Trump’s 2020 election fraud theories were ‘unsubstantiated’

Florida Gov. Ron DeSantis said Friday that the “theories” put out by former President Donald Trump and his associates following the 2020 election were “unsubstantiated” and “did not prove to be true.”

“I’ve said many times, the election is what it is. All those theories that were put out, did not prove to be true,” DeSantis, a Republican presidential candidate, told reporters traveling on his Never Back Down bus tour in Iowa. “What I’ve also said is the way you conduct a good election that people have confidence in, you don’t change the rules in the middle of the game.”

“It was not an election that was conducted the way I think we want to, but that’s different than saying, like, ‘Maduro stolen votes’ or something like that,” he added, in reference to Venezuelan President Nicolas Maduro. “I think those theories, you know, proved to be unsubstantiated.”

DeSantis’ comments come a day after Trump, the current front-runner for the 2024 GOP nomination, pleaded not guilty in a Washington, DC, court house to four criminal charges brought against him days earlier by Smith as part of his investigation into efforts to overturn the 2020 election leading up to the January 6, 2021, attack on the US Capitol.

A central premise of the special counsel’s case is that Trump knew the election claims he was making were false after being told by several close aides that he had lost the election. Trump’s lawyers have argued that his statements were protected under the First Amendment.

For his part, DeSantis branded the latest indictment against Trump as “politically motivated.”

The Florida governor, speaking with a voter at a brewery in Decorah, said: “It’s politically motivated, absolutely. I think you have people in DC, in the Justice Department that are responding to a lot of left-wing pressure. I mean they’ve been trying to get him since he became president.”

Previously, when asked about the 2020 election, DeSantis has pivoted and emphasized a focus on the future, not the past.

In early June, at an event in Bluffton, South Carolina, the week after he launched his campaign, an attendee in the rope line asked DeSantis, “Do you think that we should just move on from the 2020 stuff, just say Trump lost, you gotta move on?”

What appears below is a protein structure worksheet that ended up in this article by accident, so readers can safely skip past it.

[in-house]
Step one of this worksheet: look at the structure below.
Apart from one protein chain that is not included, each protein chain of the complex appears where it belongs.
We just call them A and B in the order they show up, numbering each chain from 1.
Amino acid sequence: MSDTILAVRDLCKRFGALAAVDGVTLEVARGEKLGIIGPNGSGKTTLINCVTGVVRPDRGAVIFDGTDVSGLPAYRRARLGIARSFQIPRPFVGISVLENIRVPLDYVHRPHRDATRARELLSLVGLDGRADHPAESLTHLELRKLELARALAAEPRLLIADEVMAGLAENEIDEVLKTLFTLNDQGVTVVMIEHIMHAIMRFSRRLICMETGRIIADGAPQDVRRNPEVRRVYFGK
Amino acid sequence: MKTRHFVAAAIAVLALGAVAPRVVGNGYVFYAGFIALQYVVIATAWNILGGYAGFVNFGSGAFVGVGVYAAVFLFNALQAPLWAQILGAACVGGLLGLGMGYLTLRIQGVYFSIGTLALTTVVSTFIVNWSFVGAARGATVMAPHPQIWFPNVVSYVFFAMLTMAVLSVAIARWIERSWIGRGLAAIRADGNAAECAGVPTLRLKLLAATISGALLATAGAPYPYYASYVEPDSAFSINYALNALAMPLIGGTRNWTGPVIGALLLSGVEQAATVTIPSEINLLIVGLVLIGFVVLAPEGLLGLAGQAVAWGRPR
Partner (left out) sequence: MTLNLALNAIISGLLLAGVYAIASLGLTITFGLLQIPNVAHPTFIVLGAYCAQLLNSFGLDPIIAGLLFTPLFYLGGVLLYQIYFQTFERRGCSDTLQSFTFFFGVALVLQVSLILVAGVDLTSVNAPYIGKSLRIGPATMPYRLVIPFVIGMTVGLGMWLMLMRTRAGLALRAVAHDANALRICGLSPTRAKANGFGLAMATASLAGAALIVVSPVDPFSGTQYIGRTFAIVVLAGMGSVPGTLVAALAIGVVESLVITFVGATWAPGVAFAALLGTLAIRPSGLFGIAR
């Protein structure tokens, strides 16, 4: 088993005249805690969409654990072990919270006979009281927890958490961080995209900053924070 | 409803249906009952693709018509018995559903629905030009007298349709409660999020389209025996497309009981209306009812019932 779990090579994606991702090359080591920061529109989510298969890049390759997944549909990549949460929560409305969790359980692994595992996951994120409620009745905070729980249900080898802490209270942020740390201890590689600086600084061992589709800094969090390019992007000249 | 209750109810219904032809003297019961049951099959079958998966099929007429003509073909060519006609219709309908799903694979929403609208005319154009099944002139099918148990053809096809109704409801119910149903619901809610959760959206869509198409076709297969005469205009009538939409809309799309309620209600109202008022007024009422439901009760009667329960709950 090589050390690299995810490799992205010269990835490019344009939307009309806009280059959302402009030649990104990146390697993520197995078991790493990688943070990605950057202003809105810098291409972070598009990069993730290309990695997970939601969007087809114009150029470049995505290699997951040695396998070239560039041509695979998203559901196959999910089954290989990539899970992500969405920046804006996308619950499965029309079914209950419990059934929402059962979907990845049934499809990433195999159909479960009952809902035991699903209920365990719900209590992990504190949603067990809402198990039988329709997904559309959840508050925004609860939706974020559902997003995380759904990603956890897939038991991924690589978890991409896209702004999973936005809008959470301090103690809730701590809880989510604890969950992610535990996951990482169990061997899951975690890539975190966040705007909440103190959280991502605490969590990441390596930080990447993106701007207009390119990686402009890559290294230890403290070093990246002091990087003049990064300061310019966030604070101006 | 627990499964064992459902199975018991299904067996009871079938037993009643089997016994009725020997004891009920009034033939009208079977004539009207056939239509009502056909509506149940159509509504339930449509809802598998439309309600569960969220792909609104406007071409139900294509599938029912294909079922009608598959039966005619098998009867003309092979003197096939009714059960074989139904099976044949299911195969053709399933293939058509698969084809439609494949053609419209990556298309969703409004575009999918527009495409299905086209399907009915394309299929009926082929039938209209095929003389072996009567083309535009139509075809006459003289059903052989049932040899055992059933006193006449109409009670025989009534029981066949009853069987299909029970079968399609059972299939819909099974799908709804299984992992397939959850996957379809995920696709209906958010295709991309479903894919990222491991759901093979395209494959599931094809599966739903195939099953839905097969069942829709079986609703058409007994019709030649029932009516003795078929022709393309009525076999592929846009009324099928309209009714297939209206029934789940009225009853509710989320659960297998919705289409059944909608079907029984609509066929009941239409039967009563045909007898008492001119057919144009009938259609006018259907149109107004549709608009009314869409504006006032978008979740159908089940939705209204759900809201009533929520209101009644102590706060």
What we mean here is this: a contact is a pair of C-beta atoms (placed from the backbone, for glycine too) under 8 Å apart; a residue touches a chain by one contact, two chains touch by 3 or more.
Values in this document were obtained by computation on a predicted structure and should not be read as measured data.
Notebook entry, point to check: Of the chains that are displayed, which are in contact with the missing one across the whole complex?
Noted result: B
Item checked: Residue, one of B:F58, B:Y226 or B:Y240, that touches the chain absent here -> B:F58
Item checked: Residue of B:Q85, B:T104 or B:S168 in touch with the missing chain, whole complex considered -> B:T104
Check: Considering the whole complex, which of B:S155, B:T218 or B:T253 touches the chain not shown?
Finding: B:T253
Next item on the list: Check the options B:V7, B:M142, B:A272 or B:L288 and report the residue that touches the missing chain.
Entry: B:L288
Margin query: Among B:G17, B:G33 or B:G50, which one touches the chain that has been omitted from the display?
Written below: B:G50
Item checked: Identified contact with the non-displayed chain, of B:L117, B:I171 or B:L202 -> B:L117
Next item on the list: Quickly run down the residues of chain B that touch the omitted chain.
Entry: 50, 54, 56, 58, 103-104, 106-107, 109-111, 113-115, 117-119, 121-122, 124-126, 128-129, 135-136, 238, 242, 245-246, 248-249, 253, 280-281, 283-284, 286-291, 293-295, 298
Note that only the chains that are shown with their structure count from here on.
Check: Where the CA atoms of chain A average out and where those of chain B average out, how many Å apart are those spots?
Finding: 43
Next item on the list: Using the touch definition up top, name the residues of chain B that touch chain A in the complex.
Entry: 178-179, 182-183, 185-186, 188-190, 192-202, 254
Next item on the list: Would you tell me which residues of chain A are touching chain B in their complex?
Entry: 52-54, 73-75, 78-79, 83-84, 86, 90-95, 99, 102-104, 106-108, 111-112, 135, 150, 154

“Well, look I mean you gotta look forward,” he replied at the time. “I think that candidates that focus on the past have not done well. So, let’s give a positive – hold Biden accountable, give a positive vision. I mean, that’s the formula for success.”

Such a focus on the future is typical for DeSantis when faced with questions surrounding the 2020 election. He has also sought to distance himself from the January 6 riot. At a New Hampshire town hall, DeSantis was asked by a high school student if Trump violated the peaceful transfer of power during the 2020 election.

“I wasn’t anywhere near Washington that day,” DeSantis replied. “I have nothing to do with what happened that day. Obviously, I didn’t enjoy seeing, you know, what happened. But we’ve got to go forward on this stuff. We cannot be looking backwards and be mired in the past.”

At a stop in Waverly, Iowa, later Friday, DeSantis indicated that if elected president, he would pardon Trump if he were to be convicted, echoing comments he recently made on “Outkick” with Clay Travis.

“I’ve said for many weeks now, I don’t think it’s in the best interest of the country to have a former president – that’s almost 80 years old – go to prison. Just like Nixon or Ford pardoned Nixon, you know, sometimes you got to put this stuff behind you. And we need to start focusing on things having to do with the country’s future. And so that’s what I would do as president,” he said.

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